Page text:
Confessions, Cautionary Tales & Case Studies

The Personal Blog of the Undaunted Hustler

Opinions so new, they may not even be mine yet. 
I blog about business, family, & goals. 
When I'm out of willpower, I talk politics

Making The Worst

Making The Worst

Many of the big problems in my life aren’t times when I made the worst of a bad situation.  I was probably more right than wrong at the outset, but…the reaction was graceless.

A few things I would do differently

A few things I would do differently

  1. Don’t change your cell phone number (unless it’s to disconnect from people.)
  2. Don’t allow (many) inbound calls.
  3. Add 6x more value than what you take away.
  4. Don’t be snarky.
  5. Be nicer to family.
  6. Stay in shape.
  7. Get in shape to begin with.



Deep Work – Cal Newport

Deep Work by Cal Newport is an amazing book that will certainly change my life.  The process is going, and I’m excited about where it will take me. It’s a book that I can’t really criticize because it’s so good

As something of a workaholic, I’ve had spurts where additional hours not only no longer produce value, but undo work I’ve done.  A case in point is the current state of the Simplifilm website.   I have done, undone, and redone it dozens of times and I’m not substantively closer to being OK. It’s consumed hours and yielded little extra benefit.

That’s because I’ve worked while distracted, while unfocused, and this means that the work suffers.  A little focus – at the expense of other things – is the way to go.

But Deep Work truly is at the expense of other things. If we are to make an amazing contribution we have to “drain the shallows.”

The book is divided into two parts: one “the case for Deep Work,” and two “How to Work Deeply (which also spends about half its time reinforcing the case for Deep Work).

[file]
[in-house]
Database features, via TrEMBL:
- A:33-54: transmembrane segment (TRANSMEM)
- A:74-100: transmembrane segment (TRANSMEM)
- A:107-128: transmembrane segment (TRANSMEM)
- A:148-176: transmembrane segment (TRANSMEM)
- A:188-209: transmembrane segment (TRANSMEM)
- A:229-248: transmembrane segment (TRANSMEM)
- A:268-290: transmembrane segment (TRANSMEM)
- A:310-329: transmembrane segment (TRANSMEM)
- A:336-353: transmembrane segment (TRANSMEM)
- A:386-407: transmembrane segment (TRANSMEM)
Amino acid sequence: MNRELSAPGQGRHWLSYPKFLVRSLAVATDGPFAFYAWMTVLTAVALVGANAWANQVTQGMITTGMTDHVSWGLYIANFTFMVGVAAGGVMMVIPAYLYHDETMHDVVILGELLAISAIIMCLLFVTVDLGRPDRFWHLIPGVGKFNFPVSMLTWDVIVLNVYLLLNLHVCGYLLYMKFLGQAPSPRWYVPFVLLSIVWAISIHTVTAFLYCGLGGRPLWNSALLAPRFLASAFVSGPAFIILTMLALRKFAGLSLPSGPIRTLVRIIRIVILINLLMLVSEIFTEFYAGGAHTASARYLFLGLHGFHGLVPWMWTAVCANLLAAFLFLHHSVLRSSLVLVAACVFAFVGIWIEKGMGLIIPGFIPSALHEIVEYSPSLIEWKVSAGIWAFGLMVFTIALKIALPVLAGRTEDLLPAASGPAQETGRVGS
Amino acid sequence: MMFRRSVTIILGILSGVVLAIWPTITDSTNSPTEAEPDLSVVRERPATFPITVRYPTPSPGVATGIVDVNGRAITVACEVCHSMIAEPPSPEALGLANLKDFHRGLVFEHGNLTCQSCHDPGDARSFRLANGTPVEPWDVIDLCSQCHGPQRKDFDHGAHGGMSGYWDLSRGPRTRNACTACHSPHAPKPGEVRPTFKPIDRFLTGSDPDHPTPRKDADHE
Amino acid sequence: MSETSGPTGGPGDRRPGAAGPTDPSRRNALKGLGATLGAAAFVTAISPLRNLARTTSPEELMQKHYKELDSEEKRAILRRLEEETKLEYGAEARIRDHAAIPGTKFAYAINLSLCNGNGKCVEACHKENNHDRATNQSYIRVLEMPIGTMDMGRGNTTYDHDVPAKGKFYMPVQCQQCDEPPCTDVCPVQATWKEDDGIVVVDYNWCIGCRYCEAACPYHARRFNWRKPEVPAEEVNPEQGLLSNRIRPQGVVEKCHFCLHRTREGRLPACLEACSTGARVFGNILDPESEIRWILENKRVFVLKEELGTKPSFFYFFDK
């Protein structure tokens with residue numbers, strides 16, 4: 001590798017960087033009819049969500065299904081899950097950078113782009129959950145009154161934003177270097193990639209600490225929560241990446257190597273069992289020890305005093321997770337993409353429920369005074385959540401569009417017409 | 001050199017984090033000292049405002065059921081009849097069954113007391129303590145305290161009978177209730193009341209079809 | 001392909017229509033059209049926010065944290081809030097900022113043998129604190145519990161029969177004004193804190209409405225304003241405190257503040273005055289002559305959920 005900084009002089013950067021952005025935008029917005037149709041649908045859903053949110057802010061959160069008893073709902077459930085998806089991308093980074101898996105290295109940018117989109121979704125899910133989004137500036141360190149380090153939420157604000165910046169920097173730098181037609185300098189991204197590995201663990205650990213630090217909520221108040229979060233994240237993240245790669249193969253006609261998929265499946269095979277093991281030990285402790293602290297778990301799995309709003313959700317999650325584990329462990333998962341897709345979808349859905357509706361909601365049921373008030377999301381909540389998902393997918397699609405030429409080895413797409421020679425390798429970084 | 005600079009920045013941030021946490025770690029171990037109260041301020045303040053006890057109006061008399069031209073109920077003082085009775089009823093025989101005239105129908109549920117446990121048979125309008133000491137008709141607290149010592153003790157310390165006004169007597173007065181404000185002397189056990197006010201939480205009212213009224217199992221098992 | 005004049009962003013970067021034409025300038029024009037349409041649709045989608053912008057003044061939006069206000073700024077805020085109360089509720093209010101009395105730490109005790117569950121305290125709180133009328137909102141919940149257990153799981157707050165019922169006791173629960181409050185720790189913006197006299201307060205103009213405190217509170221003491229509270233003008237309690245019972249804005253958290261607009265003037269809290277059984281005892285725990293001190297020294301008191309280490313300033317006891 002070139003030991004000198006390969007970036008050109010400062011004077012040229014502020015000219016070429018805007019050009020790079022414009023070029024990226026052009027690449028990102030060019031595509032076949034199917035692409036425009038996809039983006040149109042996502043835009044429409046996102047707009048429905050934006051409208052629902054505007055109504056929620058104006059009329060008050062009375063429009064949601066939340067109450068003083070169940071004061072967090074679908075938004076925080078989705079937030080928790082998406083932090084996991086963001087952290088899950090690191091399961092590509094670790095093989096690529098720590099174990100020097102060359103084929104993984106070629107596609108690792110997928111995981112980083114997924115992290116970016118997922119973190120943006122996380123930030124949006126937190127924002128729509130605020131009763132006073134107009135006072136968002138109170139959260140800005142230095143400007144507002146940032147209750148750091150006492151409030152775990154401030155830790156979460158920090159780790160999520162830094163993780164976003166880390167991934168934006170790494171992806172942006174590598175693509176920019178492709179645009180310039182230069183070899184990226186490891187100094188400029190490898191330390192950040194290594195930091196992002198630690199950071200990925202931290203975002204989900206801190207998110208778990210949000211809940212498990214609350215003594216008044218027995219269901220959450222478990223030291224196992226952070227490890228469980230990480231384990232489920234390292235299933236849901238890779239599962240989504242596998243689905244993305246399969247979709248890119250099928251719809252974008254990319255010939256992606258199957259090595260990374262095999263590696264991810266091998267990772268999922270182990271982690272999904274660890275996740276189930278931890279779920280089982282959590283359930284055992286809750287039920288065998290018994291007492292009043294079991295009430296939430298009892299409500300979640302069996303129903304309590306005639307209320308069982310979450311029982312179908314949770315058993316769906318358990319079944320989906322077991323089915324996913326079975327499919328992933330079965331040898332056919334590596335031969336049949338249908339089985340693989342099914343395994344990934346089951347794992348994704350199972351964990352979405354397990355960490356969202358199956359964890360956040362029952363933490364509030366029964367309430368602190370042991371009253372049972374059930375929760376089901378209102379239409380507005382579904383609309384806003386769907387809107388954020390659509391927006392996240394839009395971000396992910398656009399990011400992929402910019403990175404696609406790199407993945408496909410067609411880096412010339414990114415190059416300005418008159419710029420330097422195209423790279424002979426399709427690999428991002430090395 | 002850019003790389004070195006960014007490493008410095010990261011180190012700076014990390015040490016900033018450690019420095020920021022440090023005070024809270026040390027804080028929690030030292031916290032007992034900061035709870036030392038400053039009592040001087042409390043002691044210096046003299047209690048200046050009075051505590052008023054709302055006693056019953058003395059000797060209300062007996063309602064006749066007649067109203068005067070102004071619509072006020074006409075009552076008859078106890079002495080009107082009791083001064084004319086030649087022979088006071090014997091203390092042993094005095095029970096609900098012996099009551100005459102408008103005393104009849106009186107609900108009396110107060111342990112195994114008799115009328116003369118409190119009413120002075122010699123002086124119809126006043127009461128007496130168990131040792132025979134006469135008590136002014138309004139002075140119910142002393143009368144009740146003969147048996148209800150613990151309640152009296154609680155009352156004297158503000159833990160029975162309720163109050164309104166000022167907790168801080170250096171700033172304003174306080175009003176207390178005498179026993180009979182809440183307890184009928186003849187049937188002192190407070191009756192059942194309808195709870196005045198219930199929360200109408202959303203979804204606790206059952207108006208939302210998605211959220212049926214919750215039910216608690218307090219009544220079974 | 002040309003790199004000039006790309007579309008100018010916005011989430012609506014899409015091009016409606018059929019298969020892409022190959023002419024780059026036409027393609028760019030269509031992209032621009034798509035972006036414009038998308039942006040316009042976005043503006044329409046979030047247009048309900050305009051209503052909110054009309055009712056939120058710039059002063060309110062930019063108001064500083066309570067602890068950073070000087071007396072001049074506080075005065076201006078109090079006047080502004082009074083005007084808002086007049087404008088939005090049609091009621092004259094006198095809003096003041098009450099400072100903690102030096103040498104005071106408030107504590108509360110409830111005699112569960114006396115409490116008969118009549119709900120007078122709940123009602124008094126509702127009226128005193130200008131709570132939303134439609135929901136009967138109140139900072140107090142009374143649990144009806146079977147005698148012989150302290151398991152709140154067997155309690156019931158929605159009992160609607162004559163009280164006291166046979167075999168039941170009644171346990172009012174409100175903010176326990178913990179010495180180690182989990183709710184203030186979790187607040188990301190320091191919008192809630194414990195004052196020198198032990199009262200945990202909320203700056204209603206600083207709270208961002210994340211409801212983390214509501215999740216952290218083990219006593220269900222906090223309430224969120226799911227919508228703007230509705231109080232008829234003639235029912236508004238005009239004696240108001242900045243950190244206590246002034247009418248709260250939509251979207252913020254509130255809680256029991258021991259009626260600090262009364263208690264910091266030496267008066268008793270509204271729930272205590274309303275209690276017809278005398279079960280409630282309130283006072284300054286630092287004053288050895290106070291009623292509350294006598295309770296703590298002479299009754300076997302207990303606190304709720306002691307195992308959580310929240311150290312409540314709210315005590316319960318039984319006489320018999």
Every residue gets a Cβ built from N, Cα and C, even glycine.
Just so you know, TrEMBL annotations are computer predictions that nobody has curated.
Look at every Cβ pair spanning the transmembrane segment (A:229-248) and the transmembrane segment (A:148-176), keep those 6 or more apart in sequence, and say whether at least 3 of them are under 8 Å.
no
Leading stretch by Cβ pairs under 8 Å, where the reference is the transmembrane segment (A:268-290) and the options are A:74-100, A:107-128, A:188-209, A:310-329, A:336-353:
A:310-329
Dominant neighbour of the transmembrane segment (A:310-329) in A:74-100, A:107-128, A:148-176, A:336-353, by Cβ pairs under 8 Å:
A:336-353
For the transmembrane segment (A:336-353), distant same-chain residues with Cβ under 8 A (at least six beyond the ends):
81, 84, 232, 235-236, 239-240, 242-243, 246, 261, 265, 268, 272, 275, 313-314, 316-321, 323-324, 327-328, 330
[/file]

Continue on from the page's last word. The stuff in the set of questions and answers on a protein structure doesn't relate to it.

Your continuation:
The first part is for motivation. We learn why this matters, we learn how peer-reviewed academic journals have treated topics like concentration, performance and mental throughput.  (Beginners can practice a musical instrument for about an hour a day. Masters can rarely go past 4 hours.)

The main gist is that Deep Work is rare.

In Part II, we’re given more specifics. We’re given definitions and exhortations.

-work deeply (create habits that support it)

-quit social media

-drain the shallows

-have a quitting time (so you can go back)

-embrace boredom (which means that you can’t scratch the itch all the time to do things.

This book has started a curriculum for me of things that I’ve meant to catch up on.  I finished Scott Adam’s new book : How To Fail at Almost Everything and Still Win Big. That book compliments this one. In that it provides an example/case study of a person who has optimized his life to work deeply.

The case for deep work is compelling. It’s our chance to in fact make a contribution that lasts longer than we do. It’s done through deep work, not merely getting better at “cranking widgets,” which has diminishing returns.

I’ve optimized my life to be able to be more productive. I’m working from home again, and I’ve got my things about me.  It’s time to make a big contribution.


Connected To The Stream

Connected To The Stream

There’s a feeling when you are connected and working in flow that really feels good and works well.  You’re sharper because you’re connected to the stream.

That is like flow but different.  Because you’re studying and working hard (for me reading, writing, all my life) you are the best version of yourself.  Because of that, you have opportunities that are often not available to you.

That’s how winning works.

Batching Work

Batching Work

Reading Deep Work by Cal Newport.  One of the ideas that I want to do more of is to batch work and that is something that I haven’t done a tremendous job with yet.

Hopefully in lieu of trying to dabble at a little of everything I can have the guts to go deep and bold.

I am, I suspect, too connected for my own good at the moment, and it’s impacting my ability to do deep work, which impacts other things as well.